Julia Häusermann,President, Rights and Humanity
Jeremy Swift, Fellow, Institute of Development Studies
- Simon Maxwell introduced the discussion by reminding participants of the ten questions about economic, social and cultural rights that had run through the series, and the five axioms presented in the previous week’s discussion on the right to food. These questions and axioms are not repeated here, but can be found in the summary of the discussion on the right to food on 24 March.
Julia Häusermann then spoke, defending the proposition that it was possible to do something sensible with a rights-based approach to development. She was keen to emphasise that all human rights were important, civil and political, as well as economic, social and cultural. The focus, however, should very much be on ‘human’ rights, to make a clear distinction between these and other rights (e.g. animal rights). She suggested many reasons why a human rights approach could be valuable: it brought into the picture people who would otherwise be without protection; it helped provide a lens by which to understand poverty; it encouraged a multi-sectoral focus; it provided a framework for dealing with issues like liberty, equality, empowerment and equity; and it offered a solidaristic way of interrelating to the ‘otherness’ of people.
Julia Häusermann made the point that many agencies were already working with a rights-based approach. In addition to the reasons given, they found it useful, politically, because the global community had signed up to a series of international instruments on the subject. She pointed out that her own organisation, Rights and Humanity, was set up in 1986 to promote and implement a human rights approach to poverty elimination and human development. There were many success stories to report, for example around minority rights, children’s rights, and HIV/AIDS.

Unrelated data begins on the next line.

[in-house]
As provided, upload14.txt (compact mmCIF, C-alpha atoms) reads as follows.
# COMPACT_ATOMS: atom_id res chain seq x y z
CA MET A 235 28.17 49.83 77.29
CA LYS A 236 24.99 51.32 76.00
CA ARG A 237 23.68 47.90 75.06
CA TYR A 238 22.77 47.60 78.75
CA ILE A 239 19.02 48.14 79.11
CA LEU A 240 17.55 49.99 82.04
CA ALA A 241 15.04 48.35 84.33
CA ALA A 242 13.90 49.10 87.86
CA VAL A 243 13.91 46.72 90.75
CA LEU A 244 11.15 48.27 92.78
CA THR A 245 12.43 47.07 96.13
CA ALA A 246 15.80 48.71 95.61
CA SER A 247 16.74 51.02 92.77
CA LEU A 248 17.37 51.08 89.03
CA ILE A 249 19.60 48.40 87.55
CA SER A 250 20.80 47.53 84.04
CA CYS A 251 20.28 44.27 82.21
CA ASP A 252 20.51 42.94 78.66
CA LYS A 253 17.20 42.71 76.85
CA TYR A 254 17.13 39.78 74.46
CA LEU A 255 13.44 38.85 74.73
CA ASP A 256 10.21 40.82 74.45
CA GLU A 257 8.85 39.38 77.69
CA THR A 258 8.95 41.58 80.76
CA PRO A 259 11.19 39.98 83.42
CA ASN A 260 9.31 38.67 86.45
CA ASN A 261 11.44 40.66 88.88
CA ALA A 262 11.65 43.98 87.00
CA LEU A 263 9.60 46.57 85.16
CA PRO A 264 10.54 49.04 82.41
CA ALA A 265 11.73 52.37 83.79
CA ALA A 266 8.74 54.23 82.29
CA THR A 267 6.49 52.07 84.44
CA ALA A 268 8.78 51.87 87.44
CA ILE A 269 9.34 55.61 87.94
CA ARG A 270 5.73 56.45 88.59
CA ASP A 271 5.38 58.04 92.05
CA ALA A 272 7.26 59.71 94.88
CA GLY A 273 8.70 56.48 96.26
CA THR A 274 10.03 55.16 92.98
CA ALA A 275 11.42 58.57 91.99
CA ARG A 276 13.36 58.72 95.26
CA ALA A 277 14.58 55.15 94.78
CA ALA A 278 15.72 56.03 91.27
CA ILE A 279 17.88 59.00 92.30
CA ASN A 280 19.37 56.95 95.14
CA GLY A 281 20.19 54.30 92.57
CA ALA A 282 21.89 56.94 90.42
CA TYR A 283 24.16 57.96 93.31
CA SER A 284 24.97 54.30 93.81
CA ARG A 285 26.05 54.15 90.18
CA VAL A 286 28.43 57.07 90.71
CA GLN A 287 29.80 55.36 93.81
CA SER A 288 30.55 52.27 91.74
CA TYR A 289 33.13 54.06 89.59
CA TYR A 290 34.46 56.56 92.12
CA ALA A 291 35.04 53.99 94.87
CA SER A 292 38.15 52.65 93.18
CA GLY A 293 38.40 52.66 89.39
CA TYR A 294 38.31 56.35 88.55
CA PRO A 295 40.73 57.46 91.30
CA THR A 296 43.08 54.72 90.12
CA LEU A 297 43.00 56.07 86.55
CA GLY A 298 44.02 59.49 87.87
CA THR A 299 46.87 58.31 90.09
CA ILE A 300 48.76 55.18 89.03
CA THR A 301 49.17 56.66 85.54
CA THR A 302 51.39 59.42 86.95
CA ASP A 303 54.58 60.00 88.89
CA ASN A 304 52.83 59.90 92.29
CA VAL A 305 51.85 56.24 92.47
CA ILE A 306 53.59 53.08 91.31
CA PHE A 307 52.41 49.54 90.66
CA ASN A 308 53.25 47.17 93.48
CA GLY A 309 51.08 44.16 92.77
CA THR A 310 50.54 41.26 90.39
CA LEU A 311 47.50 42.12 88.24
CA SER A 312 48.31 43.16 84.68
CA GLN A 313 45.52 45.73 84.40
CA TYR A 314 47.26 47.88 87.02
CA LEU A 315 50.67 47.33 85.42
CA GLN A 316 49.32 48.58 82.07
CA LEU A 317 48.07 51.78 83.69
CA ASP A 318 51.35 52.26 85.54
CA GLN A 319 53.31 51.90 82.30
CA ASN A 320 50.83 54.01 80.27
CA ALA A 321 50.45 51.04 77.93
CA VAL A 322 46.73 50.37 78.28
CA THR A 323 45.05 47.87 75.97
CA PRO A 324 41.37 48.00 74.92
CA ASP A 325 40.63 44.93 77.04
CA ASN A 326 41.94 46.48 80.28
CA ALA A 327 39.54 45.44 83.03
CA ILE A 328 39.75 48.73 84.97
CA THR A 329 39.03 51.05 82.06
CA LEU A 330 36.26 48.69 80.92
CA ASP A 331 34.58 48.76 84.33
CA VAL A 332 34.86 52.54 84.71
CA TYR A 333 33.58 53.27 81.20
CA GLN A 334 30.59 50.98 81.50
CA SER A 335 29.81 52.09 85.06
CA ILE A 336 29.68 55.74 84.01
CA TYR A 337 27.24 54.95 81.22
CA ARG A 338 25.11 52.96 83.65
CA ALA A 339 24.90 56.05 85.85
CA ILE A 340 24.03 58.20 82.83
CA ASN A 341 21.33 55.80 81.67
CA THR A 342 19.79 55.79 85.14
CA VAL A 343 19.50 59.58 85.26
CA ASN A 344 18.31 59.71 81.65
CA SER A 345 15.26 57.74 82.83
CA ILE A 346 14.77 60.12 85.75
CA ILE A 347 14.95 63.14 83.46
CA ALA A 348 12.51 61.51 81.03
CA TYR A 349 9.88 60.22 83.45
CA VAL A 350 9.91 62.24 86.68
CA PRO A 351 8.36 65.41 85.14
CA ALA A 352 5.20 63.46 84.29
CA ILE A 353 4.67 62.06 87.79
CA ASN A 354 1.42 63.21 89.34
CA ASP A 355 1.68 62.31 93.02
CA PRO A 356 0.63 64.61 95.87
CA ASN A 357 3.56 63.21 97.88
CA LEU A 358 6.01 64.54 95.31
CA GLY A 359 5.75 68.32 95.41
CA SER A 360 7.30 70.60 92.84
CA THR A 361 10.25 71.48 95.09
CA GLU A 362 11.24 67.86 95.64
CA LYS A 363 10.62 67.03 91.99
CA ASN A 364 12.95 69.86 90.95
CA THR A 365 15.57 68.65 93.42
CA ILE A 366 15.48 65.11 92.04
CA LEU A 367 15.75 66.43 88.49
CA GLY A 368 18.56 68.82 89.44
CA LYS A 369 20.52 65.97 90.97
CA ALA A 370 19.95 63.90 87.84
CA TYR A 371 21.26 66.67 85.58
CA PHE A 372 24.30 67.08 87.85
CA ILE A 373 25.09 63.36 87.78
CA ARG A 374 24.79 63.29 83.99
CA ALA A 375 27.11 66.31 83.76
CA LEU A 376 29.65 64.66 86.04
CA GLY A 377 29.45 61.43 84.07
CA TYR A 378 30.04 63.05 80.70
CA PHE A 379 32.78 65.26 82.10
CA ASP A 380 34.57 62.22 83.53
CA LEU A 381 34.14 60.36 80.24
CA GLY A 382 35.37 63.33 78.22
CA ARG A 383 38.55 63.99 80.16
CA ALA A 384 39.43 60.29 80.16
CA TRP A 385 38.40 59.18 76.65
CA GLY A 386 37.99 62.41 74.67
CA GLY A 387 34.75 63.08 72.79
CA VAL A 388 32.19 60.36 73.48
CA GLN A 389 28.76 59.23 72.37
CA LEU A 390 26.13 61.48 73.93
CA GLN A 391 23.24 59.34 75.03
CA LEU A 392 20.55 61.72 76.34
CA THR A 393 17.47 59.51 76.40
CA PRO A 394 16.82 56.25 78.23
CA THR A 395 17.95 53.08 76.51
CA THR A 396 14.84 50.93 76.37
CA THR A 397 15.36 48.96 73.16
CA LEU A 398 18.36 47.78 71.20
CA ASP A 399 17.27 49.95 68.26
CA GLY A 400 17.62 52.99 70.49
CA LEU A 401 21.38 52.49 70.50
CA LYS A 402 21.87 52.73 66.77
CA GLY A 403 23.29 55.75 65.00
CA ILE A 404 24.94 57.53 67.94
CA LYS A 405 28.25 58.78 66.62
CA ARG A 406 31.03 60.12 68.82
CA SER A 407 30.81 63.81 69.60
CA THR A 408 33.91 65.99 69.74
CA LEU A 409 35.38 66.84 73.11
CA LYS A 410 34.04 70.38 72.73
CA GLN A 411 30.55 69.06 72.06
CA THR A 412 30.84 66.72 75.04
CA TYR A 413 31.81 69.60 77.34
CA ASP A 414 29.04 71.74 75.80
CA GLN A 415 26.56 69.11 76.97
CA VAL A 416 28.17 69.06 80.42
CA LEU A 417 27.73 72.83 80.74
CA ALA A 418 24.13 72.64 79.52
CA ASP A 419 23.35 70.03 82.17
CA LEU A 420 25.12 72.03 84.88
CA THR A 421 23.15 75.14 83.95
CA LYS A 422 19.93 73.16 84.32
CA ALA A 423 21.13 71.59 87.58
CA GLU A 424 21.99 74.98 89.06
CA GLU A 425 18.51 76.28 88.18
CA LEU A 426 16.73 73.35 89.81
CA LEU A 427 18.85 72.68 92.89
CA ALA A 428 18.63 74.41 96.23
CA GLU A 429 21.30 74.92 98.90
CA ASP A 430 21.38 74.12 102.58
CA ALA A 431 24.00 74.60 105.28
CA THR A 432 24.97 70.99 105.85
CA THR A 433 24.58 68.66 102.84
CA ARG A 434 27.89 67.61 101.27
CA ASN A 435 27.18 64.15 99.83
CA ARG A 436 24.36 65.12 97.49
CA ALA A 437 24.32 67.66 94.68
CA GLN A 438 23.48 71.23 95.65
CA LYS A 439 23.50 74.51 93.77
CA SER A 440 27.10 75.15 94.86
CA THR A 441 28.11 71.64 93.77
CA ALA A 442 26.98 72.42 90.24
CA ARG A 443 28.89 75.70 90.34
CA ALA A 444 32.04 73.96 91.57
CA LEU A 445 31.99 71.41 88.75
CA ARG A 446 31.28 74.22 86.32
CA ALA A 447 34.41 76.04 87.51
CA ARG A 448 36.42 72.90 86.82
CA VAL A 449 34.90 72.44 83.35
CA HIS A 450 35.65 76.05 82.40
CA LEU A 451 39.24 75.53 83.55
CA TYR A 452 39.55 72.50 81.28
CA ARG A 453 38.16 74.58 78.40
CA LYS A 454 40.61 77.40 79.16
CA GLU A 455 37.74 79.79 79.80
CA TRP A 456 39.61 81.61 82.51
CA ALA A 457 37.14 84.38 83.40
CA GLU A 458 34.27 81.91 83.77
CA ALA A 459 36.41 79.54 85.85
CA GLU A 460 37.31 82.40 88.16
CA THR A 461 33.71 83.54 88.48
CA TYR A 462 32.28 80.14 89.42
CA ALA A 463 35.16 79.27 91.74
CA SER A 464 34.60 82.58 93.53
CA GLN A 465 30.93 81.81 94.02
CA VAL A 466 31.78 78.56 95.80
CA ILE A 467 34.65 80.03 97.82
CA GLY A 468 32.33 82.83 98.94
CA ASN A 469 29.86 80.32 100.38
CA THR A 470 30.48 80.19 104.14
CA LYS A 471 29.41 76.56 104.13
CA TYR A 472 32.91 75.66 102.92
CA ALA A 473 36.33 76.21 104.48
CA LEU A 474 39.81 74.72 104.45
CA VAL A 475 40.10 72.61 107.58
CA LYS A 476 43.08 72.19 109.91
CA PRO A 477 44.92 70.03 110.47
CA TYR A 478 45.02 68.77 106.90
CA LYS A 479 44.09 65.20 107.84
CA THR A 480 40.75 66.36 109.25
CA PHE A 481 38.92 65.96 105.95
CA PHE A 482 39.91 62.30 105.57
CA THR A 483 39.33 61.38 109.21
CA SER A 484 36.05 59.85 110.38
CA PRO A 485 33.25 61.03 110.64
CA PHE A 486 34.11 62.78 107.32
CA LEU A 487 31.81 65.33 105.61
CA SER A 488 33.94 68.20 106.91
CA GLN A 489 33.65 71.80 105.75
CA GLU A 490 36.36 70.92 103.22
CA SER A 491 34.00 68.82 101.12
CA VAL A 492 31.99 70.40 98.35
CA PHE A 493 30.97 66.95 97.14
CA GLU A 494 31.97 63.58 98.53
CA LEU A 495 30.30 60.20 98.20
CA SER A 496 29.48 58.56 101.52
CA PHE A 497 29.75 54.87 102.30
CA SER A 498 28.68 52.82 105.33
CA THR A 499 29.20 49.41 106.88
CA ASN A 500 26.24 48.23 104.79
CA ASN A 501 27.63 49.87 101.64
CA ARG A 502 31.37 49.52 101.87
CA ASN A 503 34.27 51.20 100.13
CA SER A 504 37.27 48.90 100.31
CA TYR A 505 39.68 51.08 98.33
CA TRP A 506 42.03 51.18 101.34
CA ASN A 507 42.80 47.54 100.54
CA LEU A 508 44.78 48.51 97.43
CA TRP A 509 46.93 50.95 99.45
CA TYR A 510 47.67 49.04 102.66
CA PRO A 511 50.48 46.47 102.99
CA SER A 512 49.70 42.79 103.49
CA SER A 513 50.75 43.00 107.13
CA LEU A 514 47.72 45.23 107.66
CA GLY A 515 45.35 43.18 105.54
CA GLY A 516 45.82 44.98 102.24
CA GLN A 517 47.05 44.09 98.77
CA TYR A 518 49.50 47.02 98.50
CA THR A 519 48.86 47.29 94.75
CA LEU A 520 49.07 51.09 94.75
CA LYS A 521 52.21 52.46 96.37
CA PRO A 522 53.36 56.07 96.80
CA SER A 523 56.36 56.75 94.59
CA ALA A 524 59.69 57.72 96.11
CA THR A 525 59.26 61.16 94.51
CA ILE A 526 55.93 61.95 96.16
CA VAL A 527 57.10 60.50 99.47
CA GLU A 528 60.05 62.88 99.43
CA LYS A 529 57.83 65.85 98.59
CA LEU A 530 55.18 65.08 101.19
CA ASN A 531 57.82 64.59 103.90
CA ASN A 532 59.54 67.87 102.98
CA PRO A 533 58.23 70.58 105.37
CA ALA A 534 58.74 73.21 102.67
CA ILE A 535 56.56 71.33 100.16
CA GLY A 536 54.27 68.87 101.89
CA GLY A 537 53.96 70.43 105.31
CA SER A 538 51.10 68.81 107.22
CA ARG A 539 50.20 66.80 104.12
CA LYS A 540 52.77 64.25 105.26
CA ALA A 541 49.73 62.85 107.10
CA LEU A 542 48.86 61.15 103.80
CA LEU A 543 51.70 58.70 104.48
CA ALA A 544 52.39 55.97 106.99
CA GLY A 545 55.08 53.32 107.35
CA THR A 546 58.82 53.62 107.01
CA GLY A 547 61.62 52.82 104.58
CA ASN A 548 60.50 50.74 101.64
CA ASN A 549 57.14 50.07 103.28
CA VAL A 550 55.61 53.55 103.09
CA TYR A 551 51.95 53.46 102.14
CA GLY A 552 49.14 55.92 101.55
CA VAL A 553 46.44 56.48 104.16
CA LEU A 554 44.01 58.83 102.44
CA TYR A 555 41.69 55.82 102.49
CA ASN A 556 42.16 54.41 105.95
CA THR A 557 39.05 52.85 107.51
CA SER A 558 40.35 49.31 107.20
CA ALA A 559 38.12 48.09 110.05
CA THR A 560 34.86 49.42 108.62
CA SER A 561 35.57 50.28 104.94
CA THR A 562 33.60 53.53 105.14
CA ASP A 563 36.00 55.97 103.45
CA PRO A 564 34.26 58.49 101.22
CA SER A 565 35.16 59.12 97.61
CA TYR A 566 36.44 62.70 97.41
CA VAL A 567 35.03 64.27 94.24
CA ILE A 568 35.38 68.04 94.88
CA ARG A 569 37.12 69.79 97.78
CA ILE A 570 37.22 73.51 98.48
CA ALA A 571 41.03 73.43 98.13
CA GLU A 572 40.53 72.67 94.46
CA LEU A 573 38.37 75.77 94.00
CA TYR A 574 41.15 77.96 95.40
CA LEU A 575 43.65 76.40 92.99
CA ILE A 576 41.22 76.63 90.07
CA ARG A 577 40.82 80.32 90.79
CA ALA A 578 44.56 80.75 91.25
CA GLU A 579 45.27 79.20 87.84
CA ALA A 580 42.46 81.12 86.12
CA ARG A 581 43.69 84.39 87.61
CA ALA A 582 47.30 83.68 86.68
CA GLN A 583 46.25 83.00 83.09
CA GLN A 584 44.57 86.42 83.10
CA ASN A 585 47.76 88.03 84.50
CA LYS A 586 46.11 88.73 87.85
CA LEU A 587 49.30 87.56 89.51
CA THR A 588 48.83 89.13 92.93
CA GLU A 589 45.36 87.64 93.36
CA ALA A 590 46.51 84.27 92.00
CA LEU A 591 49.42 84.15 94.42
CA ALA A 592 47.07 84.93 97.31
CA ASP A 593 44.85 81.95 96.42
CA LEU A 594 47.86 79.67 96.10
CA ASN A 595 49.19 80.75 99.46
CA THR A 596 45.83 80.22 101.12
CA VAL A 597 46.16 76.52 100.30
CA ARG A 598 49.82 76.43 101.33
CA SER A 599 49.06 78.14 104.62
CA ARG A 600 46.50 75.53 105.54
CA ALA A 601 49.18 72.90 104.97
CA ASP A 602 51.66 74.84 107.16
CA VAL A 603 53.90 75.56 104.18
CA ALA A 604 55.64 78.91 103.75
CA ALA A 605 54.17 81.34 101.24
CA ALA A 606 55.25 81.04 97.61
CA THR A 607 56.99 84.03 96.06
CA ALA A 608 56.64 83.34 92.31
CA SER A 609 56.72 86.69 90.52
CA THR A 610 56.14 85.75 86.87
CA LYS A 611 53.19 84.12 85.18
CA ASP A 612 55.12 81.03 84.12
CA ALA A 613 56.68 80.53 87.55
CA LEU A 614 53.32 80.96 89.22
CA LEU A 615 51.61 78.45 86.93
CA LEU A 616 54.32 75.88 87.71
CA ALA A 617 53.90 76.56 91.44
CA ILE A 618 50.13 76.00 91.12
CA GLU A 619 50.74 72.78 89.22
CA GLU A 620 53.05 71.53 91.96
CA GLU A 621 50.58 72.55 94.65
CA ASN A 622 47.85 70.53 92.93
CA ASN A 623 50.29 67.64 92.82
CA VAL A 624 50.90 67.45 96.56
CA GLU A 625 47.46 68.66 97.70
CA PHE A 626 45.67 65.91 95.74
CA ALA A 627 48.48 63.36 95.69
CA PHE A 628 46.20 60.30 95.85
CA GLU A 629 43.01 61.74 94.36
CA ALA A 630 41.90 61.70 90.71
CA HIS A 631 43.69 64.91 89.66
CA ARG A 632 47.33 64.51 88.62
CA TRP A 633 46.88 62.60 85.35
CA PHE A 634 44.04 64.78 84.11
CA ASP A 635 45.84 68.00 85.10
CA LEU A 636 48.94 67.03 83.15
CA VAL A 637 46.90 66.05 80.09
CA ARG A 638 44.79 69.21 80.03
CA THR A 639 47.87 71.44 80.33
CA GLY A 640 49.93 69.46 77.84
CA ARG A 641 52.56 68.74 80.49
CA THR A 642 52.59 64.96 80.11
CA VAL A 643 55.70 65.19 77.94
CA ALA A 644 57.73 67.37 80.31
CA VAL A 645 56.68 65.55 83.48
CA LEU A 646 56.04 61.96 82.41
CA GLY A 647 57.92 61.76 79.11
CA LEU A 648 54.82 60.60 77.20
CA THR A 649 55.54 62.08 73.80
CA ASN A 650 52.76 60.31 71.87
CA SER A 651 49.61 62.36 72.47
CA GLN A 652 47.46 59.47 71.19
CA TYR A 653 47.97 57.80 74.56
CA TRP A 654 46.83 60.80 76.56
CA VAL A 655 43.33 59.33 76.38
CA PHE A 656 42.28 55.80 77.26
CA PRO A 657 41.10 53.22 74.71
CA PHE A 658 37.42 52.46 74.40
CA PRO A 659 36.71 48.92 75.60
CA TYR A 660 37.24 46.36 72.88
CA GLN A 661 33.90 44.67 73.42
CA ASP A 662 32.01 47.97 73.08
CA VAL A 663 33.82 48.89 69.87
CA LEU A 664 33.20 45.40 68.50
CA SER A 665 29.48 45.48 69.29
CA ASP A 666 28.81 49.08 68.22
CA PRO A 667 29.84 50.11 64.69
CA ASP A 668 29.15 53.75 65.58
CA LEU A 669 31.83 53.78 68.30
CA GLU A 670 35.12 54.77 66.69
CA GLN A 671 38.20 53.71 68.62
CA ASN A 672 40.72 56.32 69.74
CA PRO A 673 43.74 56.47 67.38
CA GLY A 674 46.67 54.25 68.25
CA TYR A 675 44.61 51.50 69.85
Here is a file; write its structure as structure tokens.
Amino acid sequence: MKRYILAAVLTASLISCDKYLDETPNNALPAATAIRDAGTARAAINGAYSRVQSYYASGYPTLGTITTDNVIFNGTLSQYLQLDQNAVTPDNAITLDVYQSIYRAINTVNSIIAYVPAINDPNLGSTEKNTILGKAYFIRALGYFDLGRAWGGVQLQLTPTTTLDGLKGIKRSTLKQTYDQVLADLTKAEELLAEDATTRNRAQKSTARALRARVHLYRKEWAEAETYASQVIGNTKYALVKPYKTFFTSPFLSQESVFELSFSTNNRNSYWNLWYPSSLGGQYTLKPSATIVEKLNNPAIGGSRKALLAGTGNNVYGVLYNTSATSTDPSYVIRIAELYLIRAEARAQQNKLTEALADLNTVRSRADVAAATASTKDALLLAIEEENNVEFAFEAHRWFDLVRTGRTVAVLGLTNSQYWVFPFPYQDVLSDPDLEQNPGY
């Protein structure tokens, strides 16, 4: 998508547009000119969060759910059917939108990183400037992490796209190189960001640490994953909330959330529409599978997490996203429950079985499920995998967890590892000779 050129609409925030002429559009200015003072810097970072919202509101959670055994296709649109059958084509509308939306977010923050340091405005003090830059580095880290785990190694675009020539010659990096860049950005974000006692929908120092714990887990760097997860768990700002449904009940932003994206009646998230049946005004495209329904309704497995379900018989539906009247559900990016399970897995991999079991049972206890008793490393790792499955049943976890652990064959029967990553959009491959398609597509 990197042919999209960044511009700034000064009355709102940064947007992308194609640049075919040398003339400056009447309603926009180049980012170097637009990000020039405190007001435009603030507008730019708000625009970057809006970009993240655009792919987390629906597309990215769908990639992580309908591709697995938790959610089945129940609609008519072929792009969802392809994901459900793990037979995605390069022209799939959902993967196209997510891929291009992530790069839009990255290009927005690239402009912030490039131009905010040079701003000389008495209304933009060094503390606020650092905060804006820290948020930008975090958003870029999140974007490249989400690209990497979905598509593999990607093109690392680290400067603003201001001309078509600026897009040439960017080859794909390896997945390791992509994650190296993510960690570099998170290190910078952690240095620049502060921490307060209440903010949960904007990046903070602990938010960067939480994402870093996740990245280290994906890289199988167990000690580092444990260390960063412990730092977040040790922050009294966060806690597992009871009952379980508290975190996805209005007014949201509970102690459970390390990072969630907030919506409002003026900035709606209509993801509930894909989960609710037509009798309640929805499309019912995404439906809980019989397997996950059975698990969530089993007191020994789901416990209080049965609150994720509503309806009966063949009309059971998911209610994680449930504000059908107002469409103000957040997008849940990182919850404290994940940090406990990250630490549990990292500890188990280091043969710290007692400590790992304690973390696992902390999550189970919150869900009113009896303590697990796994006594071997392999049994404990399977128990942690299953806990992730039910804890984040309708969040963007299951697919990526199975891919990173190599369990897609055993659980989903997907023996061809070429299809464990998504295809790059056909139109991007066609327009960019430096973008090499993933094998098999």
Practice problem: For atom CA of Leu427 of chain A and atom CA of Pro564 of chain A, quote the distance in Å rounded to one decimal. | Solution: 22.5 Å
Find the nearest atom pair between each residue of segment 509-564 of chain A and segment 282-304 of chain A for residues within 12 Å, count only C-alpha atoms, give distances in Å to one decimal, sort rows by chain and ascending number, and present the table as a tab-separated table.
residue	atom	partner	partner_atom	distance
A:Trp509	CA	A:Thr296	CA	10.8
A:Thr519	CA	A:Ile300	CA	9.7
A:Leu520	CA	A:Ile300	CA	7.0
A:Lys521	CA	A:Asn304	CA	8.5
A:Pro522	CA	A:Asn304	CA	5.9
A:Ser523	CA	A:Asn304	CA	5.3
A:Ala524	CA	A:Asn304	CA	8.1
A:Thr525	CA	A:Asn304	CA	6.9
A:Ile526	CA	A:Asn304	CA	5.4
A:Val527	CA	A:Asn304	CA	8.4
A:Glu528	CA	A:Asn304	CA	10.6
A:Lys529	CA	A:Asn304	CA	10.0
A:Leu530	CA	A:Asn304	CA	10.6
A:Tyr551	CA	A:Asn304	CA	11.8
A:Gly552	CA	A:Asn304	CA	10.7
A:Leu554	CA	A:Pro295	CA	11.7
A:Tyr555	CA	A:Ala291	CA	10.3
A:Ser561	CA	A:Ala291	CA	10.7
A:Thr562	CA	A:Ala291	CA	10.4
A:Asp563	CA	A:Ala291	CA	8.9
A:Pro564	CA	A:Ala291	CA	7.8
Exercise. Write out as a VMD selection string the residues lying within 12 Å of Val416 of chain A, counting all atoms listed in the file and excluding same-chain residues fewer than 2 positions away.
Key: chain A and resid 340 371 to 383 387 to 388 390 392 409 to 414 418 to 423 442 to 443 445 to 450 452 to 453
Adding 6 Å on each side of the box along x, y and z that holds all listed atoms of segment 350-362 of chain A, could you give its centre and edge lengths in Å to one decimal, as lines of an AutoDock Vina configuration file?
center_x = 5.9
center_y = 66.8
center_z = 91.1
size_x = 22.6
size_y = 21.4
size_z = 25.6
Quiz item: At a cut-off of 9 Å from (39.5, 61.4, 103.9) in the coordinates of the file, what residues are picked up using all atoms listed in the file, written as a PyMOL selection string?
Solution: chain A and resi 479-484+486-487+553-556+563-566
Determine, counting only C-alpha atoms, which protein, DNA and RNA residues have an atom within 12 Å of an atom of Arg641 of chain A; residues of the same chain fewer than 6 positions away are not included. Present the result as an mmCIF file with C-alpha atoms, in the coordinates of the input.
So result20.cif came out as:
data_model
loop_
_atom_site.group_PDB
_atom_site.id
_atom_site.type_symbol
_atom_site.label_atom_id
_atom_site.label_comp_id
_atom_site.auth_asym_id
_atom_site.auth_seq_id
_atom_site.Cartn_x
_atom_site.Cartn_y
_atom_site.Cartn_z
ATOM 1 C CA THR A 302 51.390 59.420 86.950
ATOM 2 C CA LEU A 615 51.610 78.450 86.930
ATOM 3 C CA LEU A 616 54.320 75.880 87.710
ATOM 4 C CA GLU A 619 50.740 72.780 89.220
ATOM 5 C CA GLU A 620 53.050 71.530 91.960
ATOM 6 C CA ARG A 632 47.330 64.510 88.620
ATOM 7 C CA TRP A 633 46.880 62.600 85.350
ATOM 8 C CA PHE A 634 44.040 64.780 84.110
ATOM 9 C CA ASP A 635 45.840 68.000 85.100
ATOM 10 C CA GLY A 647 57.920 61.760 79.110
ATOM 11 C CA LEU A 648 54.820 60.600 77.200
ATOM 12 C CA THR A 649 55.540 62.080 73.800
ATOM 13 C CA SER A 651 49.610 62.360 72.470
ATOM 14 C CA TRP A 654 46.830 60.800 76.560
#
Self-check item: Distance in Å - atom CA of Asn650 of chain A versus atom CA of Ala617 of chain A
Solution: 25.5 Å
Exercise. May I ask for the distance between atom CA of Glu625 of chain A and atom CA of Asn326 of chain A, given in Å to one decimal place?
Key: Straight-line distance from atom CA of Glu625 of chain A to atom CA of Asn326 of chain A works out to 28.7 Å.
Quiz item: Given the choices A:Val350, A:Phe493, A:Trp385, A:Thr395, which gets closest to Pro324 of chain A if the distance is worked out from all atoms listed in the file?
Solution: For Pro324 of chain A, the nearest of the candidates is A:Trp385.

In terms of methodology, it was clear that the legal framework was the ‘alpha and omega’ of a rights-based approach to development. States were central to the promotion and protection of rights, though the legal framework also needed to provide for violations by third parties (e.g. through safety at work legislation). The legal system was not enough on its own, however. States had to provide the right environment in which people themselves could realise their own rights; and it had to contribute to a change of attitude as well as to legal standards (e.g. in changing attitudes which led to gender discrimination).
There were, of course, many obstacles to overcome. Julia Häusermann thought that questions about the rights of one country to discuss rights in another (the sovereignty issue) had been overcome, and similarly felt that the Cold War impasse in which civil and political rights were pitted against economic and social rights had been broken. Progress had been made on overcoming the perceived tension between individual rights and collective rights (e.g. African Charter on Human and Peoples’ Rights). Similarly, old arguments claiming that economic, social and cultural rights were too costly had been largely overcome. It is now recognised that there is no such thing as a free right. Ensuring enjoyment of civil and political rights also involves cost. However, recognising that full enjoyment of economic, social and cultural rights cannot be achieved instantly, international law provides for their progressive realisation. This was recognised, for instance, in the South African constitution.
For the future, there were some important problems to resolve (many of which had been on the list of questions discussed in the ODI series). These included setting standards for economic, social and cultural rights (e.g. what was an ‘adequate standard of living’); setting indicators; identifying the duty-bearers (including those beyond state boundaries); and clarifying the role of non-state actors. It was worth struggling with these questions, however, because a rights-based approach did provide a new, practical vision for development work.
Taking the opposite side of the question, Jeremy Swift argued that the time was not yet right to adopt a rights-based approach to development. This was not because rights were not important, far from it. However, for a human rights approach to be successful, four conditions needed to be met. None actually was.